Hanchard was a 2014-2015 member of the School of Social Science at Princeton's Institute for Advanced Study.[6] He has also held visiting positions across North America, South America, Europe, and Africa, including at Harvard University, the Federal University of São Carlos, the Sciences Po, and the University of Ghana.[1]

Hanchard's work has been cited in media outlets like The Nation,[14] NPR,[15] New Statesman,[16] and The New Republic.[17] His book The Spectre of Race was featured in a Times Higher Education list of "the best books of the season" for winter 2018.[18]

Selected worksEdit

  • Orpheus and Power: Afro-Brazilian Social Movements in Rio de Janeiro and São Paulo, Brazil, 1945-1988 (1994)[6]
  • Racial Politics in Contemporary Brazil (1999)[6]
  • Party/Politics: Horizons in Black Political Thought (2006)[6]
  • The Spectre of Race: How Discrimination Haunts Western Democracy (2018)[6]

Selected awardsEdit

  • Ralph J. Bunche Award, American Political Science Association (2019)[12]


  1. ^ a b c d e f "Michael Hanchard Profile". University of Pennsylvania. Retrieved 15 February 2020.
  2. ^ "Past Member: Michael G. Hanchard". Institute for Advanced Study. 2015. Retrieved 15 February 2020.
  3. ^ "Arts & Science magazine online". Johns Hopkins University. 2006. Retrieved 15 February 2020.
  4. ^ Hanchard, Michael (1999). "Afro-Modernity: Temporality, Politics, and the African Diaspora". Public Culture. 11 (1): 245⁠–268. doi:10.1215/08992363-11-1-245.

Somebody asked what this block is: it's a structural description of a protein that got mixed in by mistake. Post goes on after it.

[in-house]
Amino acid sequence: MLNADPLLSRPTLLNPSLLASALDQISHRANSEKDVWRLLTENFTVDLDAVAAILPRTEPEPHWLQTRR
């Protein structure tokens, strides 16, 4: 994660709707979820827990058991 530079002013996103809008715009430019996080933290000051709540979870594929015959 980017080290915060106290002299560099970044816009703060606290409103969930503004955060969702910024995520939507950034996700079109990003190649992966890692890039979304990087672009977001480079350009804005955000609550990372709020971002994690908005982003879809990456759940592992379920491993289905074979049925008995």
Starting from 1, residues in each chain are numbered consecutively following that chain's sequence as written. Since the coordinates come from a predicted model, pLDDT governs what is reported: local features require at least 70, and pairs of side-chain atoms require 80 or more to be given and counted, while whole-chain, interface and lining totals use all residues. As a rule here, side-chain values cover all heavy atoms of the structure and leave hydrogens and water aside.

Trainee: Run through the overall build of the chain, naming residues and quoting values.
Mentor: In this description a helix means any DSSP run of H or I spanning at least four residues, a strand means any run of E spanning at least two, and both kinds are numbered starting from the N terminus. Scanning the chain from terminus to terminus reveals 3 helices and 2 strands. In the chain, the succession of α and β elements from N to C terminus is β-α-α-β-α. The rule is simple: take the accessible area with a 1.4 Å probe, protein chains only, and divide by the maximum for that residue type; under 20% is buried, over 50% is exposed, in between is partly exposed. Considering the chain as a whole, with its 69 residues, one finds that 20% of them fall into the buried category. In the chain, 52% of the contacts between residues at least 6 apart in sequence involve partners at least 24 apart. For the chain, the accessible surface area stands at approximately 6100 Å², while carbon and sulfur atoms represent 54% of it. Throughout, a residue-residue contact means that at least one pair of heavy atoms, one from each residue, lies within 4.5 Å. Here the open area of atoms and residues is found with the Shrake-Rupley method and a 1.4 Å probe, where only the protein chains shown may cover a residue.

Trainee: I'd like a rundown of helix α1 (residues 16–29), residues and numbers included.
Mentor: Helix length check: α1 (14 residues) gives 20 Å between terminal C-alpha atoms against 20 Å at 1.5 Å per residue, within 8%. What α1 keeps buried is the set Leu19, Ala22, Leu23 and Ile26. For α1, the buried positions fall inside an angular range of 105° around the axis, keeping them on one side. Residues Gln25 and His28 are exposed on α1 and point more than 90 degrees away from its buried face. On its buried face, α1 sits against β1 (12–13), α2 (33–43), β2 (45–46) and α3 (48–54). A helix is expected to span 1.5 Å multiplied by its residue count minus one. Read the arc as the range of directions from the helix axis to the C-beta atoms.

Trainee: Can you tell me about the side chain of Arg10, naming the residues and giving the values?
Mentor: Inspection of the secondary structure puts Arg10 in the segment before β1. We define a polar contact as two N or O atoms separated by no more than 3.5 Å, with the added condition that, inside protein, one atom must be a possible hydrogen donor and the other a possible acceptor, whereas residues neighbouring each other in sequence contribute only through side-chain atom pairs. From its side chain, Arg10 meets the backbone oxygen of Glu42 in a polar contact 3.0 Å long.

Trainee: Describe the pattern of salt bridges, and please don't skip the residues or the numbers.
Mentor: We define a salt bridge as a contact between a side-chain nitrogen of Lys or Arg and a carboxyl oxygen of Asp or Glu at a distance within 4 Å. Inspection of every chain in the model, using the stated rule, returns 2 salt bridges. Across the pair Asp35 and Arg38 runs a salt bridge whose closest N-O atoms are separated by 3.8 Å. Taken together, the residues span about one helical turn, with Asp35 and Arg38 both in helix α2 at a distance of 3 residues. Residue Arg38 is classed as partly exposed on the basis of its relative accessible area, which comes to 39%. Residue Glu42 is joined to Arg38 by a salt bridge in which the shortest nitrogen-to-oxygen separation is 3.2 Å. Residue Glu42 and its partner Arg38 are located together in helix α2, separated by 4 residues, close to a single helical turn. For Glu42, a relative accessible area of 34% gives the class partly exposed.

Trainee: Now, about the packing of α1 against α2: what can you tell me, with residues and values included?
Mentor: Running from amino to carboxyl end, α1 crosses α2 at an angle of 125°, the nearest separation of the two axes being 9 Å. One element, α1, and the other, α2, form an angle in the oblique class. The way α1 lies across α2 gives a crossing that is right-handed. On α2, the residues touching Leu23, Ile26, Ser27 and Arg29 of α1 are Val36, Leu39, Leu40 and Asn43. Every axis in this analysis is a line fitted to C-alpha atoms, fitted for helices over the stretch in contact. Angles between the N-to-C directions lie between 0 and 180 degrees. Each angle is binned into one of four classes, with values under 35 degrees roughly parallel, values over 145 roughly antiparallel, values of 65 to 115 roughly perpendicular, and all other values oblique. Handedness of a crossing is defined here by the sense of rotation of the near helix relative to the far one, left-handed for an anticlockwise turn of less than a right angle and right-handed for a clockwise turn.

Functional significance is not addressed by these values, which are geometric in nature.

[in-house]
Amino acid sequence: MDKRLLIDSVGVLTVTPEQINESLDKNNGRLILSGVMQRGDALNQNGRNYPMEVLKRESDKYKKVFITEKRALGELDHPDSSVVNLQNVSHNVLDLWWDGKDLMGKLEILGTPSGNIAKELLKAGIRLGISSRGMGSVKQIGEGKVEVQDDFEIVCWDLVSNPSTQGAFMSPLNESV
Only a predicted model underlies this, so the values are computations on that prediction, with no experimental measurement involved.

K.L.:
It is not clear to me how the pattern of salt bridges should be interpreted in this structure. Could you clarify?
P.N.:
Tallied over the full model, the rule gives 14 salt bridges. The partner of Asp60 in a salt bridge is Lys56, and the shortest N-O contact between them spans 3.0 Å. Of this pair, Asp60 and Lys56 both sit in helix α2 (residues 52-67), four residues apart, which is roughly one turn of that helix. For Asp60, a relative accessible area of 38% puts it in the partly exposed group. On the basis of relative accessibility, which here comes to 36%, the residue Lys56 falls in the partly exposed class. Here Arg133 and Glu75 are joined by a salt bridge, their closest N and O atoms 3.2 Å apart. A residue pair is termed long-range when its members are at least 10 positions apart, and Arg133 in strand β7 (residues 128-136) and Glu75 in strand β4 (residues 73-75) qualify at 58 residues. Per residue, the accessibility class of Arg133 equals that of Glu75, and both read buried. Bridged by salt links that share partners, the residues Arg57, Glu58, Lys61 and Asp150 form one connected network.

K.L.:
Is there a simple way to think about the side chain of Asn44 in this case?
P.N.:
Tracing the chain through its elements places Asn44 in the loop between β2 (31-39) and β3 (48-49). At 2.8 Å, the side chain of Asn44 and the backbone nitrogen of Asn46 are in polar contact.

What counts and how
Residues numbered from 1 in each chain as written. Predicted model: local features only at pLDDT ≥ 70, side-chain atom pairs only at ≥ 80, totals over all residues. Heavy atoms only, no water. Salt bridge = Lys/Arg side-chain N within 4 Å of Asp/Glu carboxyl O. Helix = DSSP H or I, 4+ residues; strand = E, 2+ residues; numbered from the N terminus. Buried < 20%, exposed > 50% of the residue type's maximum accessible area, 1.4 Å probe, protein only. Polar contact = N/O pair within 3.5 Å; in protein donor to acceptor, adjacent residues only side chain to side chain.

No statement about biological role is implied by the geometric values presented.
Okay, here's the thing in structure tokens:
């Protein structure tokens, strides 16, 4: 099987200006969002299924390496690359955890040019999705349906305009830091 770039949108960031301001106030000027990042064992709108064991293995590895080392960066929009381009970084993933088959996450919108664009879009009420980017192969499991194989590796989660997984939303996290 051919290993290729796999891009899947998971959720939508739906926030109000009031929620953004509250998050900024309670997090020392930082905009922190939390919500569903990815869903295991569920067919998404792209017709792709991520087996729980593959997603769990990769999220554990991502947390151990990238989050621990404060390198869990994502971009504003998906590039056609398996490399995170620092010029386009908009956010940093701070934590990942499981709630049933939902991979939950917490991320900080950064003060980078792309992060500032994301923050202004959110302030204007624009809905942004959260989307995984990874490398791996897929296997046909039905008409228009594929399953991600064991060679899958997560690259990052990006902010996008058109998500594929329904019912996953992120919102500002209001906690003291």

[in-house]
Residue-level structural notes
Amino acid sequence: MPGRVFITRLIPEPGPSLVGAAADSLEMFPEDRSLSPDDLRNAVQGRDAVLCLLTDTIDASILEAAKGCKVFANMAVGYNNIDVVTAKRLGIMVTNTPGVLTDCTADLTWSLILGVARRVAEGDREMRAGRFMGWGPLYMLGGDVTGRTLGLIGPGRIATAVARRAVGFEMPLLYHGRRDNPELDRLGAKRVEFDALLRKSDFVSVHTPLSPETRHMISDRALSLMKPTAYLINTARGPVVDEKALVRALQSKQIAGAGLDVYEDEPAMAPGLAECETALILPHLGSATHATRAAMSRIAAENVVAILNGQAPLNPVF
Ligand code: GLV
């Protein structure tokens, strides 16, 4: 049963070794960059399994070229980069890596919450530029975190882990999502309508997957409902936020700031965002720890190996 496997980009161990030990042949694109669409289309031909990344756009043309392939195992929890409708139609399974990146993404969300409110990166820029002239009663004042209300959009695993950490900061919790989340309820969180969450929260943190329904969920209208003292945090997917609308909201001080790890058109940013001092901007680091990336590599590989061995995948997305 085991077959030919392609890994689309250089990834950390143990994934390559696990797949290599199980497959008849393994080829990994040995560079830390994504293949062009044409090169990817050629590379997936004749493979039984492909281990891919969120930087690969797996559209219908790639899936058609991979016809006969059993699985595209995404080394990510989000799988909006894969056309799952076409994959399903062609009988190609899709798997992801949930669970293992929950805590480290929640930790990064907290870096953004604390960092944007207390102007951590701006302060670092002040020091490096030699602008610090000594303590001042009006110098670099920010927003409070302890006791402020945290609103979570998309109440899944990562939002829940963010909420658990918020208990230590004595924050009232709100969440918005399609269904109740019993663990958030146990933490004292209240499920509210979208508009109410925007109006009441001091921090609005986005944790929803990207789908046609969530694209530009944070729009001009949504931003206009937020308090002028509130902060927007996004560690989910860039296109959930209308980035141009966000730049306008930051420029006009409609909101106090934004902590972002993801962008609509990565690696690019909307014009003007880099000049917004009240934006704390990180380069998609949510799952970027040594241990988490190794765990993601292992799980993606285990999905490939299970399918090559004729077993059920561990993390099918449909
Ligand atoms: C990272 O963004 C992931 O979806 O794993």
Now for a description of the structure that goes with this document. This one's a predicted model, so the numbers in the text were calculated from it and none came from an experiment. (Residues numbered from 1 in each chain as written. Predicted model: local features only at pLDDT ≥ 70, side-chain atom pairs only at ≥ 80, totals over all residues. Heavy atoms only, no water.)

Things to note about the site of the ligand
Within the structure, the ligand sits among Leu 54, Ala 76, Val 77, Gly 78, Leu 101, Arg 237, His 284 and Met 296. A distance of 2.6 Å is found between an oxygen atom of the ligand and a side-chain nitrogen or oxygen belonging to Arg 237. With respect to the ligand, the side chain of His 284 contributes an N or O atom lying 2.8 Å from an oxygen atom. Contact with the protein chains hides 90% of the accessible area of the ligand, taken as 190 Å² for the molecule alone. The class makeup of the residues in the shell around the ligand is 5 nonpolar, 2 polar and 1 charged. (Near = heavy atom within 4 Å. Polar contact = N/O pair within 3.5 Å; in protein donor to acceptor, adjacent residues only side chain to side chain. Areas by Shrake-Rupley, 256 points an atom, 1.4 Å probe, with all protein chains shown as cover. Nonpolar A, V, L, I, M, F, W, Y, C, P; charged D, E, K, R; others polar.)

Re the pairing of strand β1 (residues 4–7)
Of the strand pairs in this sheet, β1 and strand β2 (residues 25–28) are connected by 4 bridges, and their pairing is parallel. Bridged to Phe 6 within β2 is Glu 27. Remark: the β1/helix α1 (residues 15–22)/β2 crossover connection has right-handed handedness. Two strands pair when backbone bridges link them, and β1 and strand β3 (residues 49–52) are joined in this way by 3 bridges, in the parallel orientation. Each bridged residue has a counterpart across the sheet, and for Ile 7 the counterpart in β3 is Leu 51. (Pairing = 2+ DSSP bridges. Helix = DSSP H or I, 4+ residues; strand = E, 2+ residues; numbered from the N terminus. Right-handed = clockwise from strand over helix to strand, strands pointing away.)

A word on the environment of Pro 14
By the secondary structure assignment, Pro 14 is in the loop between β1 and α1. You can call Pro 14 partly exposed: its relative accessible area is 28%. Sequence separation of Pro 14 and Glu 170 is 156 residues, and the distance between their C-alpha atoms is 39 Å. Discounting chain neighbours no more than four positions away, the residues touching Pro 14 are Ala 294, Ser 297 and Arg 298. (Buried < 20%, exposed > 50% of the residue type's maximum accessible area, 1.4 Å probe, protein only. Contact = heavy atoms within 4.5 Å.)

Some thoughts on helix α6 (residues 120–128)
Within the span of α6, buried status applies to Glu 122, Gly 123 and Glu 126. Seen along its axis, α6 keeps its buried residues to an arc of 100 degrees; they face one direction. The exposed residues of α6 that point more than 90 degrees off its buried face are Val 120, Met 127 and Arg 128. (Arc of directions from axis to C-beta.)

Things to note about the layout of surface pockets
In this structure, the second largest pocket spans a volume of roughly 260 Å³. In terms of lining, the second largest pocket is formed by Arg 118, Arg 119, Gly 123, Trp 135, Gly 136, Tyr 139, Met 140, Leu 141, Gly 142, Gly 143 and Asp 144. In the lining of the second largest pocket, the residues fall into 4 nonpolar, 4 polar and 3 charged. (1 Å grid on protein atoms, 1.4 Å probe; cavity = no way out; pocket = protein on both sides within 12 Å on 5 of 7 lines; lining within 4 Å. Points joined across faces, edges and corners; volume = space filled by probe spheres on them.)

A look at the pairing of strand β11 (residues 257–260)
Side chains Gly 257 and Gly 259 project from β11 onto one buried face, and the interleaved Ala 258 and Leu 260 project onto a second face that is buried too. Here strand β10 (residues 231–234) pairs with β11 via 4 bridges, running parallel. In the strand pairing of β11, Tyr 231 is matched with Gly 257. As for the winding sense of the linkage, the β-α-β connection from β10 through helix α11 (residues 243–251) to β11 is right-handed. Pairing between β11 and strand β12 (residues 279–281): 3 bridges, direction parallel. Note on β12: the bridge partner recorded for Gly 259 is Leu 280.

5. ^ Hanchard, Michael (1 August 2003). "Acts of Misrecognition: Transnational Black Politics, Anti-Imperialism and the Ethnocentrisms of Pierre Bourdieu and Loïc Wacquant". Theory, Culture & Society. 20 (4): 5⁠–29. doi:10.1177/02632764030204002. S2CID 145312150.
  6. ^ a b c d e f g h "Michael G. Hanchard — 2019 Ralph J. Bunche Award Recipient". Political Science Now. American Political Science Association. 27 August 2019. Retrieved 15 February 2020.
  7. ^ a b "Marginalized Populations Project". University of Pennsylvania Arts & Sciences. 23 May 2017. Retrieved 15 February 2020.
  8. ^ Anthology, Orpheus and Power: The Movimento Negro of Rio de Janeiro and São Paulo, Brazil 1945-1988. Princeton University Press. 8 November 1998. ISBN 9780691002705. Retrieved 15 February 2020.
  9. ^ Franklin, V. P. (July 1998). "Reviewed Work: Orpheus and Power: The Movimento Negro of Rio de Janeiro and São Paulo, Brazil, 1945-1988 by Michael George Hanchard". The Americas. 55 (1): 160⁠–162. doi:10.2307/1008307. JSTOR 1008307. S2CID 151906885.
  10. ^ Book: The Spectre of Race: How Discrimination Haunts Western Democracy. Princeton University Press. 2018. ISBN 9780691177137. Retrieved 15 February 2020.
  11. ^ Goren, Lilly (19 October 2018). "Review Michael G. Hanchard The Spectre of Race: How Discrimination Haunts Western Democracies". New Books Network. Retrieved 15 February 2020.
  12. ^ a b "Ralph J. Bunche Award". American Political Science Association. 2019. Retrieved 15 February 2020.
  13. ^ "Marginalized Populations project". University of Pennsylvania. Retrieved 15 February 2020.
  14. ^ Robin D. G., Kelley (10 September 2019). "We're Getting These Murals All Wrong". The Nation. Retrieved 15 February 2020.
  15. ^ Donnella, Leah (14 June 2017). "On Flag Day, Remembering The Red, Black And Green". National Public Radio. Retrieved 15 February 2020.
  16. ^ Esplen, Billie (11 July 2018). "Putting revolution back on the agenda: the calls for radicalism we need to listen to". New Statesman. Retrieved 15 February 2020.
  17. ^ Dyson, Michael Eric (9 September 2015). "Think Out Loud". The New Republic. Retrieved 15 February 2020.
  18. ^ "Winter reads 2018-19: the best books of the season". Times Higher Education. 13 December 2018. Retrieved 15 February 2020.